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polysyllabic

[pol-ee-si-lab-ik] /ˌpɒl i sɪˈlæb ɪk/
adjective
1.
consisting of several, especially four or more, syllables, as a word.
2.
characterized by such words, as a language, piece of writing, etc.
Also, polysyllabical.
Origin
1650-1660
1650-60; < Medieval Latin polysyllab(us) of many syllables (< Greek polysýllabos) + -ic. See poly-, syllabic
Related forms
polysyllabically, adverb
hyperpolysyllabic, adjective
hyperpolysyllabically, adverb
Dictionary.com Unabridged
Based on the Random House Dictionary, © Random House, Inc. 2014.
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Examples from the web for polysyllabic
  • Let the kids and pets back in, throw out the towel, and start using complex sentences and polysyllabic words again.
  • Whenever possible the student should use polysyllabic words where shorter, clearer words would suffice.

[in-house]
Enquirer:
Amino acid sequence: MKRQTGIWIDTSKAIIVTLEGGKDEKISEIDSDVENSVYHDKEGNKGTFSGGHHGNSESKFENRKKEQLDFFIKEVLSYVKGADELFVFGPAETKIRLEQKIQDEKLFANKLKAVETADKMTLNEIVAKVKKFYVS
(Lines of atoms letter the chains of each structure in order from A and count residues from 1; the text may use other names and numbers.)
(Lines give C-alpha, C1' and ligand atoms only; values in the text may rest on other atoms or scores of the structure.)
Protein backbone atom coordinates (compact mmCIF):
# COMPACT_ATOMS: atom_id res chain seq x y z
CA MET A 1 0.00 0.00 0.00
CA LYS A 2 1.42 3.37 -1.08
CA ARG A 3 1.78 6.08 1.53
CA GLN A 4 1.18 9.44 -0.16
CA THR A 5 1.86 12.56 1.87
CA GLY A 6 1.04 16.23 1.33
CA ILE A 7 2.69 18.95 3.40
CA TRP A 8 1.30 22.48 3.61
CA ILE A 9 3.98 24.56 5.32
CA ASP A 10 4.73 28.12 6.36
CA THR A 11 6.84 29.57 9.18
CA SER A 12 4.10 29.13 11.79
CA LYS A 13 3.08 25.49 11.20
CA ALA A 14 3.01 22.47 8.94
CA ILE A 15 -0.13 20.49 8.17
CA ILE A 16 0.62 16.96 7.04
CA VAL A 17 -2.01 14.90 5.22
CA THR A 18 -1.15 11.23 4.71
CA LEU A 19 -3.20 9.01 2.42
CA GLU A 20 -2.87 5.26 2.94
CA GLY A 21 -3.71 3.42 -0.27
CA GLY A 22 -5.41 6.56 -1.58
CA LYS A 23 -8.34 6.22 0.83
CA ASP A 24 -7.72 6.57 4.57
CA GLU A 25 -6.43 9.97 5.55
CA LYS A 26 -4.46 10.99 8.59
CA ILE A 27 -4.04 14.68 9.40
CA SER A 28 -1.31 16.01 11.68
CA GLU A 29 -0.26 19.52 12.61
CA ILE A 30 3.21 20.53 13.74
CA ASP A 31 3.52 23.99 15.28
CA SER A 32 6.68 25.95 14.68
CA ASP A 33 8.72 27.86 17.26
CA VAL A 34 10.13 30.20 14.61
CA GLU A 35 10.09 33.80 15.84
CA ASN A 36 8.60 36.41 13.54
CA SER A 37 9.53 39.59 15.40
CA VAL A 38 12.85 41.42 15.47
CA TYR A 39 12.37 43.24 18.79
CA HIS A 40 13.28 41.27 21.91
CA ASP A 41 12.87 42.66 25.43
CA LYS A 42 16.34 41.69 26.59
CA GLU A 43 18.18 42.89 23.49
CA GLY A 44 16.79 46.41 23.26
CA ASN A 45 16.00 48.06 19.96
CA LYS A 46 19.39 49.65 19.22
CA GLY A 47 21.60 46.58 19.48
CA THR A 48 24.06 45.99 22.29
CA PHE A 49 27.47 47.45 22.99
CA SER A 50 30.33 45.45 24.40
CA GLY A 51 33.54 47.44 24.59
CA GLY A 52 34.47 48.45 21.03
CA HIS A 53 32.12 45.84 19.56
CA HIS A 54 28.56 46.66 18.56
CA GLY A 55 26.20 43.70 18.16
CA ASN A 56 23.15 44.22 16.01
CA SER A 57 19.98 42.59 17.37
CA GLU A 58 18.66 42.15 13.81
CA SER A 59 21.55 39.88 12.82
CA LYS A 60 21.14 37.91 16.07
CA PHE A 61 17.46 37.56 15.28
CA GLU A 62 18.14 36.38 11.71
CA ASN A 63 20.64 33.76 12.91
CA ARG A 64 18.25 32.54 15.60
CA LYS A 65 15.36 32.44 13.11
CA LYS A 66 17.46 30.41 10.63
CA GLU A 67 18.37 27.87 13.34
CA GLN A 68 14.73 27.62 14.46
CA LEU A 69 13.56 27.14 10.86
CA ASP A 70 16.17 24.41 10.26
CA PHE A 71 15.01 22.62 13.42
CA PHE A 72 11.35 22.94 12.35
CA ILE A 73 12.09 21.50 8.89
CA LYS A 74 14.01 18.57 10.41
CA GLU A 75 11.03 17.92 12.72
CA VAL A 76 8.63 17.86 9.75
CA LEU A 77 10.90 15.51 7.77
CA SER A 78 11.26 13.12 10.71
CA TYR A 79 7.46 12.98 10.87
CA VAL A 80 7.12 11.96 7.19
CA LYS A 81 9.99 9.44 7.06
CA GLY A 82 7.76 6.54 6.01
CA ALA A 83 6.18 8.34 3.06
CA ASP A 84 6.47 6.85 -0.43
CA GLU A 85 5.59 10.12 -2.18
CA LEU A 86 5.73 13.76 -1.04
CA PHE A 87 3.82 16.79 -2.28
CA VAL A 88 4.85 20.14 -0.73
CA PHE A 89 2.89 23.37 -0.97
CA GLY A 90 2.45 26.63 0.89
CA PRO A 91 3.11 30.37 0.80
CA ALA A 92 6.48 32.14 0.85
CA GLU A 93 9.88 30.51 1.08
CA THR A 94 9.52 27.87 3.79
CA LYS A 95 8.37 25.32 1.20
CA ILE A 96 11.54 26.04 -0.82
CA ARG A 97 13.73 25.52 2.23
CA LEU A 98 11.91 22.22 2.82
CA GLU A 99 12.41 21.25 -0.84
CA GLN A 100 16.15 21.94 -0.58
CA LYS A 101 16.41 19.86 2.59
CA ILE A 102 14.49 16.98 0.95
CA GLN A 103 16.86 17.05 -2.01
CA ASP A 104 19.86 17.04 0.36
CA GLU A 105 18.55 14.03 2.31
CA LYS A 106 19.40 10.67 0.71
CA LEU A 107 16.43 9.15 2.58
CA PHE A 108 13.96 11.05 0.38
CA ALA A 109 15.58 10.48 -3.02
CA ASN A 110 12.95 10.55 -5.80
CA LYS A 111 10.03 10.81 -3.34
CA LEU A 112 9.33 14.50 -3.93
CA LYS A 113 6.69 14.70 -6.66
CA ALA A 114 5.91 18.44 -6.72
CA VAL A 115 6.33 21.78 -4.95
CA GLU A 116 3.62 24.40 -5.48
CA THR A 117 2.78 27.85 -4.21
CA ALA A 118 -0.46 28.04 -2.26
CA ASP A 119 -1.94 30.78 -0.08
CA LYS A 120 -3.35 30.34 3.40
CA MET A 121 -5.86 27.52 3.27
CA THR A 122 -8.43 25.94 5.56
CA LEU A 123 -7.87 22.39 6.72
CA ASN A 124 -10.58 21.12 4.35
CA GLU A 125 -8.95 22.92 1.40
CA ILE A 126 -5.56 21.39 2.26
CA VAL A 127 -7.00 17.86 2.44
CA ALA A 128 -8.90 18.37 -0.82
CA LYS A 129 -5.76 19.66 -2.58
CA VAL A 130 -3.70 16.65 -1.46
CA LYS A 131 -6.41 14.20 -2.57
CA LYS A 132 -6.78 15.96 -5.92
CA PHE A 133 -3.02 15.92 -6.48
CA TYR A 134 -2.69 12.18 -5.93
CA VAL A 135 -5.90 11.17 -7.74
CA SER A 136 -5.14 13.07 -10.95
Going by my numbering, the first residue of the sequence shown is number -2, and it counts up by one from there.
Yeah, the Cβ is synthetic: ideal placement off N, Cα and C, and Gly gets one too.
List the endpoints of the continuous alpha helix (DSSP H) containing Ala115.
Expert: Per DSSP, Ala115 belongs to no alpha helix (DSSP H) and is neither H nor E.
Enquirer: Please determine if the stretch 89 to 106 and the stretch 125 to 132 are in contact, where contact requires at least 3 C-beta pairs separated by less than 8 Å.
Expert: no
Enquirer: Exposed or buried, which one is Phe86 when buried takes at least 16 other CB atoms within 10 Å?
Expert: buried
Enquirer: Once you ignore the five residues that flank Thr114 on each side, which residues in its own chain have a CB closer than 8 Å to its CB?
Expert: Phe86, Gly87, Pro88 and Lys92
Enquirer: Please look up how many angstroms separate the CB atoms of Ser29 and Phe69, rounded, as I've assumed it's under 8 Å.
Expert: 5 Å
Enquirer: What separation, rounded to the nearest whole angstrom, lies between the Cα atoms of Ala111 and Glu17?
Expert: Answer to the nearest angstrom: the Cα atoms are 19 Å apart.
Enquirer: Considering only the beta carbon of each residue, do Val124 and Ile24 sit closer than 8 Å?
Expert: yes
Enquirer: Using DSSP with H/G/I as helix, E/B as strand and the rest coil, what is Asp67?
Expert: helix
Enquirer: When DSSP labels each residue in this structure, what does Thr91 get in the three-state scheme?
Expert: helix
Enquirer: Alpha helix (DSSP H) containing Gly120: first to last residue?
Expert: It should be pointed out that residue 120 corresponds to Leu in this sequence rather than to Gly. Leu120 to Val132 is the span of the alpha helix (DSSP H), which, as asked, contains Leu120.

• In addition, skills for monosyllabic words are more often measured than skills required to unlock polysyllabic words.
  • Other polysyllabic words beginning with h will be given the same treatment, especially if their first syllable is unstressed.
British Dictionary definitions for polysyllabic

polysyllabic

/ˌpɒlɪsɪˈlæbɪk/
adjective
1.
consisting of more than two syllables
Derived Forms
polysyllabically, adverb
Collins English Dictionary - Complete & Unabridged 2012 Digital Edition
© William Collins Sons & Co. Ltd. 1979, 1986 © HarperCollins
Publishers 1998, 2000, 2003, 2005, 2006, 2007, 2009, 2012
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Word Origin and History for polysyllabic
adj.

1650s (implied in polysyllabical), from Medieval Latin polysyllabicus, from Greek polysyllabikos; see poly- + syllabic.

Online Etymology Dictionary, © 2010 Douglas Harper
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Difficulty index for polysyllabic

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Word Value for polysyllabic

24
28
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